# Newton-Raphson convergence issue

I am working with the following function where r= 2^(-d) and d =[1:100]

I am comparing 5 different algorithms to compute the roots of this function but the Newton Raphson method doesn't converge anymore above a certain value of r.

Column n°5 on this screenshot How can I solve this issue?

Thank you in advance

• Hey I found the issue. The initial value is too small to let NR converge so if I set the initial value to something like 0.5 it converges no problem – Yrden May 3 '18 at 7:01

## 1 Answer

Admitting that you look for the first positive zero of equation $$f(u)=2 \sin ^2\left(\frac{\pi}{2} \left(4 u^3-3 u^4\right)\right)-\frac 1 {2^d}$$ I am rather surprised by the value $3.1803$ given in the table for $d=2$; it effectively corresponds to the $n^{th}$ root of the equation for a very large $n$ (i gave up trying to count it !).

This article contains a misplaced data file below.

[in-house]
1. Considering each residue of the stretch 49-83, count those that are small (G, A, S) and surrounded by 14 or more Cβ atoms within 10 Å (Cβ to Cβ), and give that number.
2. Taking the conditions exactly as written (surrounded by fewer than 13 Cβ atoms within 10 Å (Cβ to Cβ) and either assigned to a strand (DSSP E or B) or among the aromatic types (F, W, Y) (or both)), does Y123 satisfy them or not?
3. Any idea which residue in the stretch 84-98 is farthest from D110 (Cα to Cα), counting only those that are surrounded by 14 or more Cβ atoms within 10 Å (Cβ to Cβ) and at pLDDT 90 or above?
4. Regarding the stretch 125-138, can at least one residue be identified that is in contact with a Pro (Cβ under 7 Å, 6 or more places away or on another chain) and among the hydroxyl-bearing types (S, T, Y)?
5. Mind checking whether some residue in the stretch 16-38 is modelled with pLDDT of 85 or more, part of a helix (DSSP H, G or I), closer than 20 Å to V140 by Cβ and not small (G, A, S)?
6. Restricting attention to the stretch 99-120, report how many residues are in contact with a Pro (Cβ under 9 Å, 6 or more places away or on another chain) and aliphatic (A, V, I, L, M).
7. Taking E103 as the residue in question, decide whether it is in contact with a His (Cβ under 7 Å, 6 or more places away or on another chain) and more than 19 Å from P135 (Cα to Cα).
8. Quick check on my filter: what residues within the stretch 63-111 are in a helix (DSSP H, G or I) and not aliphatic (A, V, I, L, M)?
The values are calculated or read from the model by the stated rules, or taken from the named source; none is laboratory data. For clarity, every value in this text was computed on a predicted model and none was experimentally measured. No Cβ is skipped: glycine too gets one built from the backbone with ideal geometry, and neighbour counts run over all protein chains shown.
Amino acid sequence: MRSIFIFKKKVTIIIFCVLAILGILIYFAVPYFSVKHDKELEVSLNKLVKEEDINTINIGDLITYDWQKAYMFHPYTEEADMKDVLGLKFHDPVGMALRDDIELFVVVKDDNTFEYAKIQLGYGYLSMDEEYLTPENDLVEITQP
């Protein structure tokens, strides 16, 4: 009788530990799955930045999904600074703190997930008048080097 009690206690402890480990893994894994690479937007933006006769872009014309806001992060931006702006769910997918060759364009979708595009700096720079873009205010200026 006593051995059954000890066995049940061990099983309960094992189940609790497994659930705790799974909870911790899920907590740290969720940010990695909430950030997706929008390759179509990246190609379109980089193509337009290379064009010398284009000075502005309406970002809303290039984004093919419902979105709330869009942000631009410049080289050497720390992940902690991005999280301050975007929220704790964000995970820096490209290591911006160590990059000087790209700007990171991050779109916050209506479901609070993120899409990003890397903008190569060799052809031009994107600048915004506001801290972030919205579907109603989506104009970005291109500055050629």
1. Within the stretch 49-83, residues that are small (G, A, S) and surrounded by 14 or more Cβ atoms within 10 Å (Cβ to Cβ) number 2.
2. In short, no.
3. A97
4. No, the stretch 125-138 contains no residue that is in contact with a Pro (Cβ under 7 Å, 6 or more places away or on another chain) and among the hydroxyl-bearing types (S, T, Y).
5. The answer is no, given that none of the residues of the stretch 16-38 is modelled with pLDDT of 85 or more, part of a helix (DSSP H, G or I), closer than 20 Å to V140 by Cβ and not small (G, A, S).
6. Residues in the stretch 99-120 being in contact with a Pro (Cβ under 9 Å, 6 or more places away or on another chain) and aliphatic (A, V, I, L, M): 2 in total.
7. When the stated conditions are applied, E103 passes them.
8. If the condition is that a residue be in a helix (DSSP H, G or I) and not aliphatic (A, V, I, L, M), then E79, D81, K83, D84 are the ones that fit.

The key problem with Newton method is the initial guess. What we know, at least from the very first case $(d=1)$ is that the root is small. So, using Taylor expansion around $u=0$, what we have is $$2 \sin ^2\left(\frac{\pi}{2} \left(4 u^3-3 u^4\right)\right)=8 \pi ^2 u^6-12 \pi ^2 u^7+O\left(u^8\right)$$ giving as an initial underestimate $$u_0=\frac 1 {\sqrt{\pi^2\, 2^{d+3}}}$$ By Darboux-Fourier theorem, we know that we shall face one overshoot of the solution since, for any $d$, $f(u_0)\times f''(u_0) <0$.

Using the method for $d=1$, the iterates are $$\left( \begin{array}{cc} n & u_n \\ 0 & 0.430127 \\ 1 & 0.542201 \\ 2 & 0.515233 \\ 3 & 0.513710 \\ 4 & 0.513705 \end{array} \right)$$ Doing the same for $d=2$ $$\left( \begin{array}{cc} n & u_n \\ 0 & 0.383200 \\ 1 & 0.459453 \\ 2 & 0.442439 \\ 3 & 0.441355 \\ 4 & 0.441351 \end{array} \right)$$ Working with illimited precision, Newton method converges without any problem (I tried up to $d=10^6$).

Working with limited precision (all numbers being declared as double precision real numbers - the $2$ in the definition of $r$ is crucial) and using as convergence criteria $\frac{|\Delta u|} u \leq 10^{-16}$, I did not face any problem at all except above $d=1017$ $(2^{-1018}\approx 3.56 \times 10^{-307})$. For $d \geq 978$, the estimate was the solution.